9. Chuck Steel says:

    I gave up caffeine (for the most part) several years ago. I don’t know if it improved my concentration, but it definitely helped in other aspects. I no longer have trouble sleeping at night and I can make it through the day without needing a “pick me up”. I still drink coffee, it’s just decaf.

    Now I only drink a soda or regular coffee when I really need to stay awake, like driving late at night.

  10. Anonymous says:

    false god? Try reading the Bible…

    “…for love is of Coffee; and every one that loveth is born of Coffee, and knoweth Coffee. He that loveth not knoweth not Coffee; for Coffee is love.”

  11. NoahApples says:

    This is absolutely in line with my experience.

    This from a former coffee addict of the 4-8 cups-a-day variety. After I quit (…and after three days of hellish withdrawal) I felt more awake, all day, than I had in years, and have continued to feel so. I am a dramatically more productive person since quitting.

    There’s also the added bonus of a built-back-up-to-scratch caffeine tolerance, making the occasional emergency stay-up-late cuppa’ a far more effective stimulant.

  12. snarkyFish says:

    That’s an experiment without a control.. he knew he was off the coffee.. (and is obviously a bit biased based on his title..)

  13. Keith says:

    That’s all well and good but I need to occasionally get up from my desk, otherwise I’ll slowly merge into it. Plus, coffee tastes good, especially at the little cafe down the street run by an Italian woman and her husband. They also bake their own cakes and muffins.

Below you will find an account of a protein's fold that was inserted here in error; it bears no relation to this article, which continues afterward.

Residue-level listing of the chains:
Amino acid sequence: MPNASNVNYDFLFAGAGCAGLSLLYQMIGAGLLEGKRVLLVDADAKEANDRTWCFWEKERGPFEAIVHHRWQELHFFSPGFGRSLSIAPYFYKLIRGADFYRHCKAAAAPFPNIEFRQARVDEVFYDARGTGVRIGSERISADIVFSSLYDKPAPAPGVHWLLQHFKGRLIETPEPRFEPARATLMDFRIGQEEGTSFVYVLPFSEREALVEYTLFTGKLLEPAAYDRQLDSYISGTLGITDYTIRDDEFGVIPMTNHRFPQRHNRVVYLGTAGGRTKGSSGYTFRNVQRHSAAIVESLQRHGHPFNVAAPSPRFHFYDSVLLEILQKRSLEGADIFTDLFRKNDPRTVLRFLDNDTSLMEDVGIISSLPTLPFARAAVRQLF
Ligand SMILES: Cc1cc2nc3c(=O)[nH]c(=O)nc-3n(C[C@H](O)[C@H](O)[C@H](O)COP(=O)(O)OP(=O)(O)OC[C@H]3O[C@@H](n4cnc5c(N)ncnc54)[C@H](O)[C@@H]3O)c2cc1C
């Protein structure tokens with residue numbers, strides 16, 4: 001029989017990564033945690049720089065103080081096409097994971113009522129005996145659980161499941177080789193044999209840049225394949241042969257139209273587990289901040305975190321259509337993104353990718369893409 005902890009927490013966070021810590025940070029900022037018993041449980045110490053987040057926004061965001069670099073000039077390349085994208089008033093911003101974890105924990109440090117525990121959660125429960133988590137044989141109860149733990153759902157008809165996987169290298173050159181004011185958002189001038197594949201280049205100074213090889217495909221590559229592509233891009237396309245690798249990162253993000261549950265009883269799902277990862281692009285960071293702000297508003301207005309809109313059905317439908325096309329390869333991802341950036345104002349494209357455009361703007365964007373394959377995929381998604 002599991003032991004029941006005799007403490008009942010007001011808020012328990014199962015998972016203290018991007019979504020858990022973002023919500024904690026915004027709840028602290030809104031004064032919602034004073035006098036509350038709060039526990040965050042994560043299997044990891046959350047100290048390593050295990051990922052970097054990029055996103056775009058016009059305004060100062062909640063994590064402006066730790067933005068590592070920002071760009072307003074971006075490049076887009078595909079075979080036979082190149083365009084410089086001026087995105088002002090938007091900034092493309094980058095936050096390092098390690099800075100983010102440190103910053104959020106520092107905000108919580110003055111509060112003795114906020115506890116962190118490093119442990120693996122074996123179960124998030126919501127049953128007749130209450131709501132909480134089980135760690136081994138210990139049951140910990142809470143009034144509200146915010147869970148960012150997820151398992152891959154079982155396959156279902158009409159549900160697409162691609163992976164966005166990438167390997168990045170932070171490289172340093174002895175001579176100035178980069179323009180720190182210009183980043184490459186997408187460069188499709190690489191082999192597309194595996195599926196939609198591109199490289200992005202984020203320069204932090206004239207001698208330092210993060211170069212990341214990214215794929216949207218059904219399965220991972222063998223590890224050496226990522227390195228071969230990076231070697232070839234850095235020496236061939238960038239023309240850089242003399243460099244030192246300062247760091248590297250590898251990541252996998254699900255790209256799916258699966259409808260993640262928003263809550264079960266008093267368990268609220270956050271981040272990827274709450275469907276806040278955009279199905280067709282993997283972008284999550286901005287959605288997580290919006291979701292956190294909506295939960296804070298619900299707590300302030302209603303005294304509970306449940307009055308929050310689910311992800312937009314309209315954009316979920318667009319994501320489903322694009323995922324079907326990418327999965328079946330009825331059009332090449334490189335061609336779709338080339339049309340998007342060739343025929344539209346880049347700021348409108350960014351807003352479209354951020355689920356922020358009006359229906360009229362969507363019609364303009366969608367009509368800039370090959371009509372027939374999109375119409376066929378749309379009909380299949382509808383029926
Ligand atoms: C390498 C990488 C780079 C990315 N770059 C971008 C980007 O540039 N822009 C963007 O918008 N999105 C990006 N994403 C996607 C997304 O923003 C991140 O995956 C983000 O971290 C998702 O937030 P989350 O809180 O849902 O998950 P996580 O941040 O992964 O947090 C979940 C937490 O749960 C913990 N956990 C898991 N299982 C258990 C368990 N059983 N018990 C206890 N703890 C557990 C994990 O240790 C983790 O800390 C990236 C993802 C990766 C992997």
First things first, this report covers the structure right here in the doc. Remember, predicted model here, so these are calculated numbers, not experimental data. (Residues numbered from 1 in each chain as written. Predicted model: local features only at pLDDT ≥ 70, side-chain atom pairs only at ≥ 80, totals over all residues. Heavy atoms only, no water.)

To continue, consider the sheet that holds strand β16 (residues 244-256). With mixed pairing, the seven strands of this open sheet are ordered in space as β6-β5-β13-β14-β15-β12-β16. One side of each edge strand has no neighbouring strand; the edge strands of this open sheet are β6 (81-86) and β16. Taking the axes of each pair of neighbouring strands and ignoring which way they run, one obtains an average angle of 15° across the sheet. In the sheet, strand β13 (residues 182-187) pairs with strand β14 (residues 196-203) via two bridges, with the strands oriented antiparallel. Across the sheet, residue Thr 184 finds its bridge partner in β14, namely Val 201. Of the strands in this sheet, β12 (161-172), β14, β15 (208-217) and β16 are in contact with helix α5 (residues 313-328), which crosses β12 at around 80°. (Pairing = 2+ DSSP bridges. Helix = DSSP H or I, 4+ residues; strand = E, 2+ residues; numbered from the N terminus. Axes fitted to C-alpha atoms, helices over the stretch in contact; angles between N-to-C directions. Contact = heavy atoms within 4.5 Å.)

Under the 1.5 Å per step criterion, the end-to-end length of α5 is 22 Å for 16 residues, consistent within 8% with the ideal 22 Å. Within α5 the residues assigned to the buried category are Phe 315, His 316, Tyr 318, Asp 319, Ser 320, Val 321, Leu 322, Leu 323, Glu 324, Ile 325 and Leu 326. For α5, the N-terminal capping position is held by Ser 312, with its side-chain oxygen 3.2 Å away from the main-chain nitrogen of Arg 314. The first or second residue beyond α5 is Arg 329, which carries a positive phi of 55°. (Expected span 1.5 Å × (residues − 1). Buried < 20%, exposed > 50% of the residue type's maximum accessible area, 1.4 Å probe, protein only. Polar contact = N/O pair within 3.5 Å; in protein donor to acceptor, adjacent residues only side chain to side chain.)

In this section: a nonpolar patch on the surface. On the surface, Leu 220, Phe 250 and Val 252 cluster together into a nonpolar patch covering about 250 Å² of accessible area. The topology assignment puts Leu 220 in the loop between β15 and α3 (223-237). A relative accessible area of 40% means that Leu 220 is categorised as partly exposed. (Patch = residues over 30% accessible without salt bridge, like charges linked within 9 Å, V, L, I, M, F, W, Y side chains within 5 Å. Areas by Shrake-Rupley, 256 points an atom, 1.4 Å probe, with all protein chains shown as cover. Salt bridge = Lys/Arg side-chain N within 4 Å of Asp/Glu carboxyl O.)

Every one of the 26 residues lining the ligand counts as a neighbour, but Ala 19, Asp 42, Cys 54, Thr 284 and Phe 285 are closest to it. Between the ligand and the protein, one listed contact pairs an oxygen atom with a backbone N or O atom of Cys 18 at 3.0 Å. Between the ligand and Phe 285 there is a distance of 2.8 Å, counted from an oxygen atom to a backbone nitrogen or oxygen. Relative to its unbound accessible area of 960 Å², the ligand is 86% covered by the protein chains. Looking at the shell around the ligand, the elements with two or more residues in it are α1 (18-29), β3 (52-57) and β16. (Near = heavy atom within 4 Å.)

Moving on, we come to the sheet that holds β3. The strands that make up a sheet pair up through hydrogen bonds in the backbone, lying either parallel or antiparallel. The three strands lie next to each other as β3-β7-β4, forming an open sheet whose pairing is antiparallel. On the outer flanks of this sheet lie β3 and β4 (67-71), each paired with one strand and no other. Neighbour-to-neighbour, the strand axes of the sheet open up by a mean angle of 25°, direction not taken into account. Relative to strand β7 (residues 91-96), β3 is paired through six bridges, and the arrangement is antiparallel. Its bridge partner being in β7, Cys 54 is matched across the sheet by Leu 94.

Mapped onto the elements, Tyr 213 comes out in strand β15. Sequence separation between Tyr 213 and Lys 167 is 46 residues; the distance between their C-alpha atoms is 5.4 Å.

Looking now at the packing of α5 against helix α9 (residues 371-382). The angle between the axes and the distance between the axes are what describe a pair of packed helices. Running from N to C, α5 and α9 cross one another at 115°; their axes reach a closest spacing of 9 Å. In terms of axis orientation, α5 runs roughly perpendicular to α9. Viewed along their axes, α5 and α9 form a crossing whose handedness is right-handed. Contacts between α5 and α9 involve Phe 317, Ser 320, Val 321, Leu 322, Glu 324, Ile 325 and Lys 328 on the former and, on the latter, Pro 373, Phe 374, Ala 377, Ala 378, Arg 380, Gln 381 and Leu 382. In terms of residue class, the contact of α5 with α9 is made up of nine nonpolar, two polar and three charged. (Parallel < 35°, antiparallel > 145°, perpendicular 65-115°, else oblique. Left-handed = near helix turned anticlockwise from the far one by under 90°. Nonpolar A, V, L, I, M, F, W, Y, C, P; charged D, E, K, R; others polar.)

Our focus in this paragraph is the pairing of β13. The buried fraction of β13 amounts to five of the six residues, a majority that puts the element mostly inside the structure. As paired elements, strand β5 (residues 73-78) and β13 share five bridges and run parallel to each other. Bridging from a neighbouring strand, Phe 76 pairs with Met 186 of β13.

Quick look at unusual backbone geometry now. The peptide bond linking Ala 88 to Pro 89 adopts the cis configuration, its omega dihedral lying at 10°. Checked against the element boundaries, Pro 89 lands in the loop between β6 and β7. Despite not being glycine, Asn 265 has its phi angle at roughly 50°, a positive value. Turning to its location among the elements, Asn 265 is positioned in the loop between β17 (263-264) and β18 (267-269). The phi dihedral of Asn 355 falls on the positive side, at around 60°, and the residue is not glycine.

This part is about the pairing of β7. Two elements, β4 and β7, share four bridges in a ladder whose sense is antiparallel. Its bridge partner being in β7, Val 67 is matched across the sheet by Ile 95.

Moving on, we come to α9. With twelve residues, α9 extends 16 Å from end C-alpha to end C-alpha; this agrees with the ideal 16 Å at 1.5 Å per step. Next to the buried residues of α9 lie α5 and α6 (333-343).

14. jjasper says:

    Coffee tastes good, and a caffeine buzz feels nice.

    Screw anti-drug types. I pick my drugs because I like them. They’re tasty, and I feel good after taking them.

  15. mdh says:

    the amount of time I spend concentrating has not deteriorated since I quit alcohol, so I can easily reject the hypothesis “I need alcohol to help me concentrate.”

    To be clear – I changed one drug in for another there.

    If you ever believed you needed coffee/alcohol/sex/etc…, then you had a problem with coffee/alcohol/sex/etc…


    If you now need to spread the gospel, then you probably still do have a problem with it.

  16. 2k says:

    I. uh. Just started cutting down on my coffee this morning. (before I had read this article)
    Down from about 5 during the day to just one in the morning as a ‘I must be able to see in order to work’ kick.
    So, boingboing; I’ve also been trying to repair my knee through diet and exercise; something about the bodies regenerative abilities sure would strike a chord. ;)

    n e way. Google ‘Spiders on drugs’. As part of a question, Stephen Fry and the QI team showed a comparison of two pictures taken of webs built by spiders on different drugs; caffeine and LSD.

    One web had way more spirals and the other looked like it had been spun by Charlotte after a night on the blue-bottles. Guess which was caffeine.

  17. Anonymous says:

    I gave up caffeine 6 months ago because I was having trouble sleeping. After a couple of months of being ‘clean’ I noticed another extremely positive side effect. I had suffered from anxiety that negatively affected my everyday life, and it was now almost completely cleared up.